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NW Fishletter #367, March 6, 2017
 New Council Webpages Show Columbia Salmon and Steelhead Goals
A new Northwest Power and Conservation Council mapping tool allows users to view and compare different restoration goals for Columbia River salmon and steelhead.
The Natural Origin Salmon and Steelhead Adult Objectives Mapping Tool went live in February.
The Council said identifying quantitative objectives helps assess progress in achieving Endangered Species Act recovery, Fish and Wildlife Program mitigation and tribal fish-restoration goals.
Basin's fish objectives a click away. Credit: NW Council.
Fish objectives may be viewed by subbasin, major population group and population. The objectives' mapping tool and its query function can be accessed at the Fish and Wildlife Program resource maps section.
The Columbia Basin Partnership Task Force, led by NOAA Fisheries, is discussing how the region might develop shared quantitative objectives for the basin's fish.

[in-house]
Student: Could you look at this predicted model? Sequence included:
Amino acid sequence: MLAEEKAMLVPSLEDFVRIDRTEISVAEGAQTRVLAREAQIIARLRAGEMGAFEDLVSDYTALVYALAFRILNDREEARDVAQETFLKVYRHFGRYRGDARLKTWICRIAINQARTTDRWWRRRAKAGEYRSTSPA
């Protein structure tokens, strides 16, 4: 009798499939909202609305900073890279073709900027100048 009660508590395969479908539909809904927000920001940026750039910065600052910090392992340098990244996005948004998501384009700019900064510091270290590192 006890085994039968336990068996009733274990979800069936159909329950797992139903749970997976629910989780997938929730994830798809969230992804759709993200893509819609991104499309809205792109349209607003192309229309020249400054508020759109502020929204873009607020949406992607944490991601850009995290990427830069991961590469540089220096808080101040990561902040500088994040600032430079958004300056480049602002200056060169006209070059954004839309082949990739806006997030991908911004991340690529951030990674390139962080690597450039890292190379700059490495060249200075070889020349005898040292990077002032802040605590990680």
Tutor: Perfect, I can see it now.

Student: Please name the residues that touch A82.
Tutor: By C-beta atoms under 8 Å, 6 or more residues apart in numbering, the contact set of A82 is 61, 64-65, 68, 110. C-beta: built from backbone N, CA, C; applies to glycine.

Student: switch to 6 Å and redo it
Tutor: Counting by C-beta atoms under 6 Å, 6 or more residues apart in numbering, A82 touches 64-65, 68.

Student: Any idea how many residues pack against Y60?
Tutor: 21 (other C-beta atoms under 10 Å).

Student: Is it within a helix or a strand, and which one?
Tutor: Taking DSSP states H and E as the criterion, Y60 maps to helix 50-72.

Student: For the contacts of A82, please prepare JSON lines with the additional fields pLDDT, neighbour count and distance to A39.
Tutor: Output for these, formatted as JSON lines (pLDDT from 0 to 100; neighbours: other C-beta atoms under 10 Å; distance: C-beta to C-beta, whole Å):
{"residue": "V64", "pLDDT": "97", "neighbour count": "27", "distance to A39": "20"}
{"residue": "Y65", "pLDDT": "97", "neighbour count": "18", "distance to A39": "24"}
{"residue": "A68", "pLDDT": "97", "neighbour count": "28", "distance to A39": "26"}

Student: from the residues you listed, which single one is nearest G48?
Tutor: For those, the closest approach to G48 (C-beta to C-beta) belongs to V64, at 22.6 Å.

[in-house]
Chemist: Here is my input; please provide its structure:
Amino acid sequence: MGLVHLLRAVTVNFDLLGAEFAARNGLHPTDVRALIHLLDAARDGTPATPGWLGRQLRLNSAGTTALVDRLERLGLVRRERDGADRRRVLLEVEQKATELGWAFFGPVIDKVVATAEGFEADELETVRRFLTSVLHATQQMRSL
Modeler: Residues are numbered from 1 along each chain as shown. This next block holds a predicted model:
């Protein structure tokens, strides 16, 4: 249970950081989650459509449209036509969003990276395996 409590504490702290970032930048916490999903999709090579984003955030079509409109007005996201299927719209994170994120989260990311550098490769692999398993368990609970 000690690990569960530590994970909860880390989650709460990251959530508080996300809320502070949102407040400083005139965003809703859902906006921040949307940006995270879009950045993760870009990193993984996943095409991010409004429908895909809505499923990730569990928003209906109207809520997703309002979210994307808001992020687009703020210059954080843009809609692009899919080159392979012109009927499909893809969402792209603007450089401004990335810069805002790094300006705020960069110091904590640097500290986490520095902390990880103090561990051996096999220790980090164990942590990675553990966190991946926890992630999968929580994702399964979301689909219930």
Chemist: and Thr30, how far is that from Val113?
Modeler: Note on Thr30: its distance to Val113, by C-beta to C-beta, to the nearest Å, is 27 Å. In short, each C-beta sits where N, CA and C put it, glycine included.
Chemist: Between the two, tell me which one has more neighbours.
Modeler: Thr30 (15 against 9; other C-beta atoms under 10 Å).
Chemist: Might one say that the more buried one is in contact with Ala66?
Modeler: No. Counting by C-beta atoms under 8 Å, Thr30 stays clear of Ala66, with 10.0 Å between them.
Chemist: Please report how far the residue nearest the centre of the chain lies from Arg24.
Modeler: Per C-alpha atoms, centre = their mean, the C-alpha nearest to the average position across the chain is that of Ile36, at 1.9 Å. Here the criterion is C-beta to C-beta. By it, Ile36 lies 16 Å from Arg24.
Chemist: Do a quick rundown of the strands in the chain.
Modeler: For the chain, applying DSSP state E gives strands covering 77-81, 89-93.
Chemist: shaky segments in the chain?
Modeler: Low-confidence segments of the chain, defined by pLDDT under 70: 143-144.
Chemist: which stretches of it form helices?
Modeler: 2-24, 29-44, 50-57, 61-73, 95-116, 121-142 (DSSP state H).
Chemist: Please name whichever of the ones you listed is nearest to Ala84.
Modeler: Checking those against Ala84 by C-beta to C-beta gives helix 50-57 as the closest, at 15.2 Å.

The interactive database now includes only objectives for natural-origin salmon and steelhead designated for protection under the ESA.
Working with StreamNet, a regional fisheries data provider funded primarily by BPA, Council staff plans to build a similar database for non-ESA-listed salmon and steelhead using GIS (geographic information system) information from sources identified by salmon managers including Columbia River Inter-Tribal Fish Commission's Crosswalk Project.
A recent review of the mapping tool resulted in suggestions for improvement that the Council in-tends to implement, if feasible. A good example is adding a feature that displays the ESA-minimum abundance threshold objectives.
In addition to inventorying objectives for listed and non-ESA-listed salmon and steelhead species, the 2014 Columbia Basin Fish and Wildlife Program says the Council will work with states, federal agencies and tribes to develop objectives for less-understood fish species that have also incurred losses from the hydropower system. These species include lamprey, sturgeon, eulachon, bull trout, cutthroat trout and kokanee.
And down the road, the Fish and Wildlife Program aims to have objectives for ecosystem restoration and indicators to track progress.
The Council partnered with Portland-based QW Consulting and StreamNet in developing this interactive database. -Laura Berg
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